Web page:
L’Anse aux Meadows has been both a backyard childhood playground and present day workplace for one Parks Canada interpreter
© Mary MacKay/TC Media
When it comes to local knowledge about L'Anse aux Meadows, N.L., Clayton Colbourne is the man to ask. He was born and raised next to the historic Viking settlement site in Newfoundland and has no intention of moving. "I love the lifestyle in this region."
The Vikings first set foot at L’Anse aux Meadows 1,000 years ago and stayed only for a few years, but one modern day man has walked that walk for pretty much all of his life and now lives to tell the tales of those bygone neighbours.
For Clayton Colbourne, who was born and raised on Beak Point, next to this historic Viking settlement site in Newfoundland, the strange mounds on which he played as a child were just part and parcel of backyard fun for him and his 10 siblings.
Now it’s part of his job, as a Parks Canada interpreter, to regale visitors from around the world with information about those mounds and more at this national historic site, with some stories of his own life thrown in for colour.
“These mounds, that were discovered in the 1960s by the Norwegian historian Helge Ingstad and his archeologist wife Anne Stine Ingstad, were visible to us all along, but we didn’t know it was Viking, we just assumed it was Indian.
“But you could see those low grass-covered mounds in the terrain and of course that was one of our playgrounds when we were kids. We played a lot of cowboys and Indians as a matter of course; we should have been playing Vikings,” laughs Colbourne between one of his many daily tours at L’Anse aux Meadows. It is in plain view of the small cluster of white clapboard houses on a sand spit on which he and other members of his family still live.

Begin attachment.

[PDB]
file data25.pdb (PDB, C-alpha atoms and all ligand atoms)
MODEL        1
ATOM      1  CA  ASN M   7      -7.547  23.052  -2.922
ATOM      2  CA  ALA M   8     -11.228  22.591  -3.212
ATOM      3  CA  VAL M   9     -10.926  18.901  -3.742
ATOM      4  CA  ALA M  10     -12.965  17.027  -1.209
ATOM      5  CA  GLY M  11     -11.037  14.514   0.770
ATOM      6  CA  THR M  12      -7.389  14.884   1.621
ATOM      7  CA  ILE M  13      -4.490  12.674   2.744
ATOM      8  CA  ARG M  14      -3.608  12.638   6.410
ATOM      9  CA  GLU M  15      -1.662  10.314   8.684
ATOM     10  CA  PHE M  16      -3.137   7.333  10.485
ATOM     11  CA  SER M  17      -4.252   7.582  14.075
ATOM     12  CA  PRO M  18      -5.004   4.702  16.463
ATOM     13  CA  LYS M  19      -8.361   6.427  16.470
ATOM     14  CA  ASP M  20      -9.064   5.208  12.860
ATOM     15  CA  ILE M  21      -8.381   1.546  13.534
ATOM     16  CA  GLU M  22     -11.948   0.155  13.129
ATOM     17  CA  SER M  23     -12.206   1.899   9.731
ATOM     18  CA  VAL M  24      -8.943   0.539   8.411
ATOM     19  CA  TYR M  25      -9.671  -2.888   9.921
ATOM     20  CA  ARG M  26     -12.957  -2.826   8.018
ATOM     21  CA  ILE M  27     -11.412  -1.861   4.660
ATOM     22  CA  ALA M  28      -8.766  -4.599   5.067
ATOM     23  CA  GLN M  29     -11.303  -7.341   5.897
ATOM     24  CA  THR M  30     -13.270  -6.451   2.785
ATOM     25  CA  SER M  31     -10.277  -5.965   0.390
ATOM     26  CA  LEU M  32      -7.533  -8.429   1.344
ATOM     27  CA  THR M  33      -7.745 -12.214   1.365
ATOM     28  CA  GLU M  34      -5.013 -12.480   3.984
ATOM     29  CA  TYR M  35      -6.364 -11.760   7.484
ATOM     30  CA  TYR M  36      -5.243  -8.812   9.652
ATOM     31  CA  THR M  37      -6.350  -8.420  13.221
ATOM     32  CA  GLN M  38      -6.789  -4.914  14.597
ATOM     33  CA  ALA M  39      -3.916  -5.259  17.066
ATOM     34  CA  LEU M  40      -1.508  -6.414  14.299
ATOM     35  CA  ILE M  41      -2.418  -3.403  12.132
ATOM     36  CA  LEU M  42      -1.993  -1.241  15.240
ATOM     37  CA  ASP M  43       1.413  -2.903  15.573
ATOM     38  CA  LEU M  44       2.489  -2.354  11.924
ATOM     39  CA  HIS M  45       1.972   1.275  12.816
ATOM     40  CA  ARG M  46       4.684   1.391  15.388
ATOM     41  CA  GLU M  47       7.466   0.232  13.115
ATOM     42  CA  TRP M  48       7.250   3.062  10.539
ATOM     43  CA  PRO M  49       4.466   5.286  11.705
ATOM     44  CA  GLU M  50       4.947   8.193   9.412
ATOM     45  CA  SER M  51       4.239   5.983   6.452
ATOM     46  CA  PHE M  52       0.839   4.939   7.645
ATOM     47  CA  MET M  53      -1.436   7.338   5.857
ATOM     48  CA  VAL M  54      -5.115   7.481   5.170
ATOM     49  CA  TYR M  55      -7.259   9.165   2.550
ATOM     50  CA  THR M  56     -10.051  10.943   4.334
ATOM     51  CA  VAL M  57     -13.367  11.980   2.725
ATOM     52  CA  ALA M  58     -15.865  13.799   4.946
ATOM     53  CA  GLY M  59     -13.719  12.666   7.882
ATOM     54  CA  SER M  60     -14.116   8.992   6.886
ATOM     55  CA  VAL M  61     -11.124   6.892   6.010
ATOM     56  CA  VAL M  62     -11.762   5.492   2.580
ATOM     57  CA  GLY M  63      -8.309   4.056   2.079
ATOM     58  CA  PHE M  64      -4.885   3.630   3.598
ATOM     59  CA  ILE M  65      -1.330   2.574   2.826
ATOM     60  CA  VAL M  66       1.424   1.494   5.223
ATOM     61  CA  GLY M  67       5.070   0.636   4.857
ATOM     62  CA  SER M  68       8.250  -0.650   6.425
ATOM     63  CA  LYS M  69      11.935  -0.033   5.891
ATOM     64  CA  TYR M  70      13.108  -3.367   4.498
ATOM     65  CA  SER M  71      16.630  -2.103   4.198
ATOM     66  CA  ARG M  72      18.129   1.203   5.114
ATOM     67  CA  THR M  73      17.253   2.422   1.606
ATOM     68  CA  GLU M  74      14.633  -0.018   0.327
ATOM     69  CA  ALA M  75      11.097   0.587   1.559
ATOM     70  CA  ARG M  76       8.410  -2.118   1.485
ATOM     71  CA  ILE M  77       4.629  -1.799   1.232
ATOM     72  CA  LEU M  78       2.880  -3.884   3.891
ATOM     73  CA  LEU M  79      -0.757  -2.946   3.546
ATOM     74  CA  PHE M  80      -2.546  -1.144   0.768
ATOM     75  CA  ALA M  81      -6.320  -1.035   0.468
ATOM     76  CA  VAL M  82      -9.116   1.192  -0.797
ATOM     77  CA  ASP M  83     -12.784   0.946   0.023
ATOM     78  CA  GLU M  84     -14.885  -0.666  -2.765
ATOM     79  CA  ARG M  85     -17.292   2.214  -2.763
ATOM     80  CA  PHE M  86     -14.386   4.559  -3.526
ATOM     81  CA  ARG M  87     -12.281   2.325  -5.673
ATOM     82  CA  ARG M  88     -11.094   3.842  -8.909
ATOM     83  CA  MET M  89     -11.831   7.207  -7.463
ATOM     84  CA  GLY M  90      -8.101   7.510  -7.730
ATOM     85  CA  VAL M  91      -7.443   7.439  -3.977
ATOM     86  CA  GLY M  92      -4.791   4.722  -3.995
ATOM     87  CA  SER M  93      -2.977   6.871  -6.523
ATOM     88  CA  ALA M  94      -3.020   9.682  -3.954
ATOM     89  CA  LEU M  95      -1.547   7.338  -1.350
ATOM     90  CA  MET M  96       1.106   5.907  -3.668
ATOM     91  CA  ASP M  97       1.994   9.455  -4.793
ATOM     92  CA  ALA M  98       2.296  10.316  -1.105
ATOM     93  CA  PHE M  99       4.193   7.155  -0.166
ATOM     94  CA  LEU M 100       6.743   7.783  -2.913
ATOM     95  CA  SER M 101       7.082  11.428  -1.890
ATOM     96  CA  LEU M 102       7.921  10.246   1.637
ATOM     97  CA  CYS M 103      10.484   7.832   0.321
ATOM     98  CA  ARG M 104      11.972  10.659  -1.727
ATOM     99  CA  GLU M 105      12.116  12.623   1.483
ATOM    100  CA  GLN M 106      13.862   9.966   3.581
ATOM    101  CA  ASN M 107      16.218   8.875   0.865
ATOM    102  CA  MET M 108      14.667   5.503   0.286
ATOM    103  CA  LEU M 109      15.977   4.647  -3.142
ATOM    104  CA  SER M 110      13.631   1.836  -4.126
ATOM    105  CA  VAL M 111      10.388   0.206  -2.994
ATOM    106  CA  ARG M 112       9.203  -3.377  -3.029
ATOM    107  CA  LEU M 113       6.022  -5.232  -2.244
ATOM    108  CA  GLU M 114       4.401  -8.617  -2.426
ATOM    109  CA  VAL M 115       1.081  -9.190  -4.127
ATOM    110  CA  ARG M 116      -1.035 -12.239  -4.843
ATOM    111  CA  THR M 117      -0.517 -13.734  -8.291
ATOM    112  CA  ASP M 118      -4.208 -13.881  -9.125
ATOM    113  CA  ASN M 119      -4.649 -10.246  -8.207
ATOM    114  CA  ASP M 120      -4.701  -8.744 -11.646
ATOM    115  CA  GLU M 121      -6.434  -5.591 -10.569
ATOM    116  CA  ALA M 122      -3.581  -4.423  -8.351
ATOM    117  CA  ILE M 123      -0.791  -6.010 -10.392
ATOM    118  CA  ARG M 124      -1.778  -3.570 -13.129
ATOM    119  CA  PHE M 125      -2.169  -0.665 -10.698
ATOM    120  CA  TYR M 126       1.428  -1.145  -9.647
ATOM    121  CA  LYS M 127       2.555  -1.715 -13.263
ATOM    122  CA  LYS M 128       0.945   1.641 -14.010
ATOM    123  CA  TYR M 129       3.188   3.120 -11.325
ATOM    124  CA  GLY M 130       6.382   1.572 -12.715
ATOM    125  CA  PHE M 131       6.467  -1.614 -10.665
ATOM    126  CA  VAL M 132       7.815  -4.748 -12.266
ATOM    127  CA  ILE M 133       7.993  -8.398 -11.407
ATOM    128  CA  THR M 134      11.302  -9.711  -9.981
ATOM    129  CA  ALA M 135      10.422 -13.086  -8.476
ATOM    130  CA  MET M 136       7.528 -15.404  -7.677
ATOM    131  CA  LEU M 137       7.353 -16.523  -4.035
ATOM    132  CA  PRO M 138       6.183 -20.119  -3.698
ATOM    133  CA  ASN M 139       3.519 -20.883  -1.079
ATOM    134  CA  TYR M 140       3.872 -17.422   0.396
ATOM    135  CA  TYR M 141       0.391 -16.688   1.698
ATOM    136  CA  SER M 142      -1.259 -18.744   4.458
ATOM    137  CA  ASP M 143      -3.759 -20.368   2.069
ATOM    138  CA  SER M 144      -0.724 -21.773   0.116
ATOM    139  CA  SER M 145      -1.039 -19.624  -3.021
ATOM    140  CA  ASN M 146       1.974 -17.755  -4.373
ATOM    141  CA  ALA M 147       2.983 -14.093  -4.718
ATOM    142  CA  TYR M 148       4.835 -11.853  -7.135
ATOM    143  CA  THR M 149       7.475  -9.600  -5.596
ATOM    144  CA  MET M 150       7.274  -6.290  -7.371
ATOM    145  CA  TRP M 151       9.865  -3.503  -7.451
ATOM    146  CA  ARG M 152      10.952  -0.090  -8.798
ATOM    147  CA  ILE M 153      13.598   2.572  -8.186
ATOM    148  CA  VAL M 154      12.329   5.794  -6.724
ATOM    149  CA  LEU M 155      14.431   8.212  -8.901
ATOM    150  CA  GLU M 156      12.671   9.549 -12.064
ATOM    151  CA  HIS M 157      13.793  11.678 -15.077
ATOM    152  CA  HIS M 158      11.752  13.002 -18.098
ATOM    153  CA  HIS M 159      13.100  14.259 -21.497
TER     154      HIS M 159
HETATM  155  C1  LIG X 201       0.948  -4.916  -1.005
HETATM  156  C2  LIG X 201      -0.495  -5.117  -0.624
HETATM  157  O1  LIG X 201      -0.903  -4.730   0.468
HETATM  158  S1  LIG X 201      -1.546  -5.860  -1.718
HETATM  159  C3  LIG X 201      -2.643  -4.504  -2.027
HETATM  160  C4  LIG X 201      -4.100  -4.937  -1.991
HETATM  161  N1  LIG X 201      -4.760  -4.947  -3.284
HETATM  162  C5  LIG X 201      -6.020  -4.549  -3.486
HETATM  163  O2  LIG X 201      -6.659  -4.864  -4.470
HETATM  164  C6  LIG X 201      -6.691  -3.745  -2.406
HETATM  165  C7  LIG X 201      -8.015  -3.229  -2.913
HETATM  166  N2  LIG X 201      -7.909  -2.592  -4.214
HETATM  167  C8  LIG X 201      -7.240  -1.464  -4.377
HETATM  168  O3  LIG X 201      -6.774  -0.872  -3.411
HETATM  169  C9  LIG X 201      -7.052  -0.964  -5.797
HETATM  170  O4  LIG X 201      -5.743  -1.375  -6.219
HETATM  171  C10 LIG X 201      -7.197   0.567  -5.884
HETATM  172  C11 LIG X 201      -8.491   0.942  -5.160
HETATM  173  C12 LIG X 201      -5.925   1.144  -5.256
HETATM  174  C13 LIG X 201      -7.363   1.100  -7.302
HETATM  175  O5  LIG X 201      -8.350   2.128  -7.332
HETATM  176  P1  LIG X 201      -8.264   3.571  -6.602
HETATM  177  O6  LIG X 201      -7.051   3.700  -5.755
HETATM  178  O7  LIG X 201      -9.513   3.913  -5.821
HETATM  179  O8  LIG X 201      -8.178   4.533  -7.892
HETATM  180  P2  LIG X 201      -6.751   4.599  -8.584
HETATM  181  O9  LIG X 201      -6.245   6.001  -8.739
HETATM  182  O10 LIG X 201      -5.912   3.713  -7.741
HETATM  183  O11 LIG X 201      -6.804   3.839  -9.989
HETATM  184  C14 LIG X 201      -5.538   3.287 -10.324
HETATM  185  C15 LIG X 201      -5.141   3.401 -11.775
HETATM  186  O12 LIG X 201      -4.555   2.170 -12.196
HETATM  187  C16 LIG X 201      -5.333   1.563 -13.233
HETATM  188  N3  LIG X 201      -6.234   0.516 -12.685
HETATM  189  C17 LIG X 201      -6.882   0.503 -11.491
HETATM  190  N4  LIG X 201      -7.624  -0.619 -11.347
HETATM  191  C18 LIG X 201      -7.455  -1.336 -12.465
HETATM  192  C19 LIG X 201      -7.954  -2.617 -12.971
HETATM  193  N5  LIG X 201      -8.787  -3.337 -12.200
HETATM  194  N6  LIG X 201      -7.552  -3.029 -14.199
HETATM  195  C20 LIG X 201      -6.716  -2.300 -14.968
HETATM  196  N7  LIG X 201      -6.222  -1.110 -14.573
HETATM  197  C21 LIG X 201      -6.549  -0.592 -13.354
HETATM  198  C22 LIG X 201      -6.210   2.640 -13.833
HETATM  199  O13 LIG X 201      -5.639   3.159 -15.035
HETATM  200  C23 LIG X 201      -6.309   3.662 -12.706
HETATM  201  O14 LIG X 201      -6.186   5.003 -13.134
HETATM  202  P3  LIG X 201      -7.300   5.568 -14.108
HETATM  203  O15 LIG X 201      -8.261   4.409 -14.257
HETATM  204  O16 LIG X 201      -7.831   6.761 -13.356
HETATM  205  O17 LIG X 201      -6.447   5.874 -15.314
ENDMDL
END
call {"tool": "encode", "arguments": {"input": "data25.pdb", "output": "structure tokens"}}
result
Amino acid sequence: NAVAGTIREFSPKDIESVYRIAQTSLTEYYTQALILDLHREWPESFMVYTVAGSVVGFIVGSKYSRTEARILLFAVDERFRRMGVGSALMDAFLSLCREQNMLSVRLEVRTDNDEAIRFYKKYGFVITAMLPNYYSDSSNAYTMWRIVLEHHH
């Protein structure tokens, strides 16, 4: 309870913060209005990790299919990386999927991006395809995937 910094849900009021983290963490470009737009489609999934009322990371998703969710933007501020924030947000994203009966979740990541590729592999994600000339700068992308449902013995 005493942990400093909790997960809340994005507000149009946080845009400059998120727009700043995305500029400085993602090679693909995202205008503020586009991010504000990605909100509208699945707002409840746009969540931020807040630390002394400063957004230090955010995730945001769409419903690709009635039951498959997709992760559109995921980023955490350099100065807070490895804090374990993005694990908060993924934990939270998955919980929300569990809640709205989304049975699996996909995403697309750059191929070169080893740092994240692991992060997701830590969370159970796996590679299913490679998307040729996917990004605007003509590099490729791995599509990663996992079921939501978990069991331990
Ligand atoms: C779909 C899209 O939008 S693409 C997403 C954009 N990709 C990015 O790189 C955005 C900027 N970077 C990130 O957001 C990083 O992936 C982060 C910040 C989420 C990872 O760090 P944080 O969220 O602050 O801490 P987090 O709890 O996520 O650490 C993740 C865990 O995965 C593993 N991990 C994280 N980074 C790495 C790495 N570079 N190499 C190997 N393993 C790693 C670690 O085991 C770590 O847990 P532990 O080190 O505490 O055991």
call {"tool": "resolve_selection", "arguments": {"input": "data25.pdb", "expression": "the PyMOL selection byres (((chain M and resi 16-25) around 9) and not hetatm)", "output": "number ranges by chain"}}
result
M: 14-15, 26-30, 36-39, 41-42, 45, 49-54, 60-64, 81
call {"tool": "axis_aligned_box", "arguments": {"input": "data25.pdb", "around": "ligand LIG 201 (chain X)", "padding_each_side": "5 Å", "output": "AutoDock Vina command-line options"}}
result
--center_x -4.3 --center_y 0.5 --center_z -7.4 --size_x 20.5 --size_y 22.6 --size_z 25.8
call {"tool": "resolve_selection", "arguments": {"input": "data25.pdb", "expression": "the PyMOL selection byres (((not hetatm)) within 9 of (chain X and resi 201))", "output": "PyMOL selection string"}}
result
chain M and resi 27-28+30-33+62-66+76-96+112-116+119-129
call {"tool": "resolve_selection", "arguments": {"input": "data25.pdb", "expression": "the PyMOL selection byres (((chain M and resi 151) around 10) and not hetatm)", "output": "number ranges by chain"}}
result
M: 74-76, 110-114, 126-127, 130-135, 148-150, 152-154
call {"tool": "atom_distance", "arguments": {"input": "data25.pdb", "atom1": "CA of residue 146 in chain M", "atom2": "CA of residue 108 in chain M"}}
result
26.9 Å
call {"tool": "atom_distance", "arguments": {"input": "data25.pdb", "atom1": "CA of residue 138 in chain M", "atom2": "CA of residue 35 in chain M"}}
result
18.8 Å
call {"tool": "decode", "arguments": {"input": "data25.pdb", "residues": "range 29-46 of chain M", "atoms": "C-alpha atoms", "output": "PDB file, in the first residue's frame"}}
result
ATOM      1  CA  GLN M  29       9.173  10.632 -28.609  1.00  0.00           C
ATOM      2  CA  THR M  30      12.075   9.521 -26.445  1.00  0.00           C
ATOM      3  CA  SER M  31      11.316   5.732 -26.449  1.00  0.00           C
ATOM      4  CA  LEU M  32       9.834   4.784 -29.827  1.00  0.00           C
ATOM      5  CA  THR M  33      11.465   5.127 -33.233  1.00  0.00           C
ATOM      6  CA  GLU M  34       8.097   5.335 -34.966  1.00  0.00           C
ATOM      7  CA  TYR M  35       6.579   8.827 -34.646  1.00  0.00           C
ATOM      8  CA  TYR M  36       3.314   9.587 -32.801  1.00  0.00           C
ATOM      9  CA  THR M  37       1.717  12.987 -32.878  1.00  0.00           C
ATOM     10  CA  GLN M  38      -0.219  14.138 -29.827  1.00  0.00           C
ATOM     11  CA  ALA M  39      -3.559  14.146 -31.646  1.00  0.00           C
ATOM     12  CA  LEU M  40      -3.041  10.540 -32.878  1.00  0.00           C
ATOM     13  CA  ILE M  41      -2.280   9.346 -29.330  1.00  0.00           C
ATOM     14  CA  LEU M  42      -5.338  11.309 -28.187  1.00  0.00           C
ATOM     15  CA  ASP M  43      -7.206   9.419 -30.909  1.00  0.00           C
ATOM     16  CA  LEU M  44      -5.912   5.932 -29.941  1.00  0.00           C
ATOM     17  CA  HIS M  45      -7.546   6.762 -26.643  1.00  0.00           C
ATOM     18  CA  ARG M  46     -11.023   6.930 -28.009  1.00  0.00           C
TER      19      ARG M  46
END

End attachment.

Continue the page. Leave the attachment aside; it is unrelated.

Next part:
With the constant flow of summer tourist traffic, which arrives by the tour busload by times, it’s hard to imagine how different this beehive of activity is from the 1950s when Colbourne and his siblings raced among the mounds.
“When I was a kid there were no roads, there was no electricity and the only contact we had really with the outside was when the ships arrived to bring supplies. Of course they’d take away salt cod fish because my folks were fishermen,” he says.
In the 1960s things changed dramatically for this tiny remote Newfoundland hamlet with the Ingstads’ archeological discovery of the Viking settlement.
“The road came because of this discovery. There was no real reason to put a road in prior to the discovery of the Viking site because everything was by sea,” Colbourne says.
Other than children romping and roaming about the ruins, the only activity on the site was local fisherman George Decker’s harvesting of the wild grass to feed his small cache of livestock.
When the Ingstads arrived in 1960 looking for a Viking site, Decker led them directly to the mounds, which were as familiar to him as the back of his hand.
That led to a flurry of archeological excavation activity and international attention the likes of which L’Anse aux Meadows’ living occupants could never have anticipated.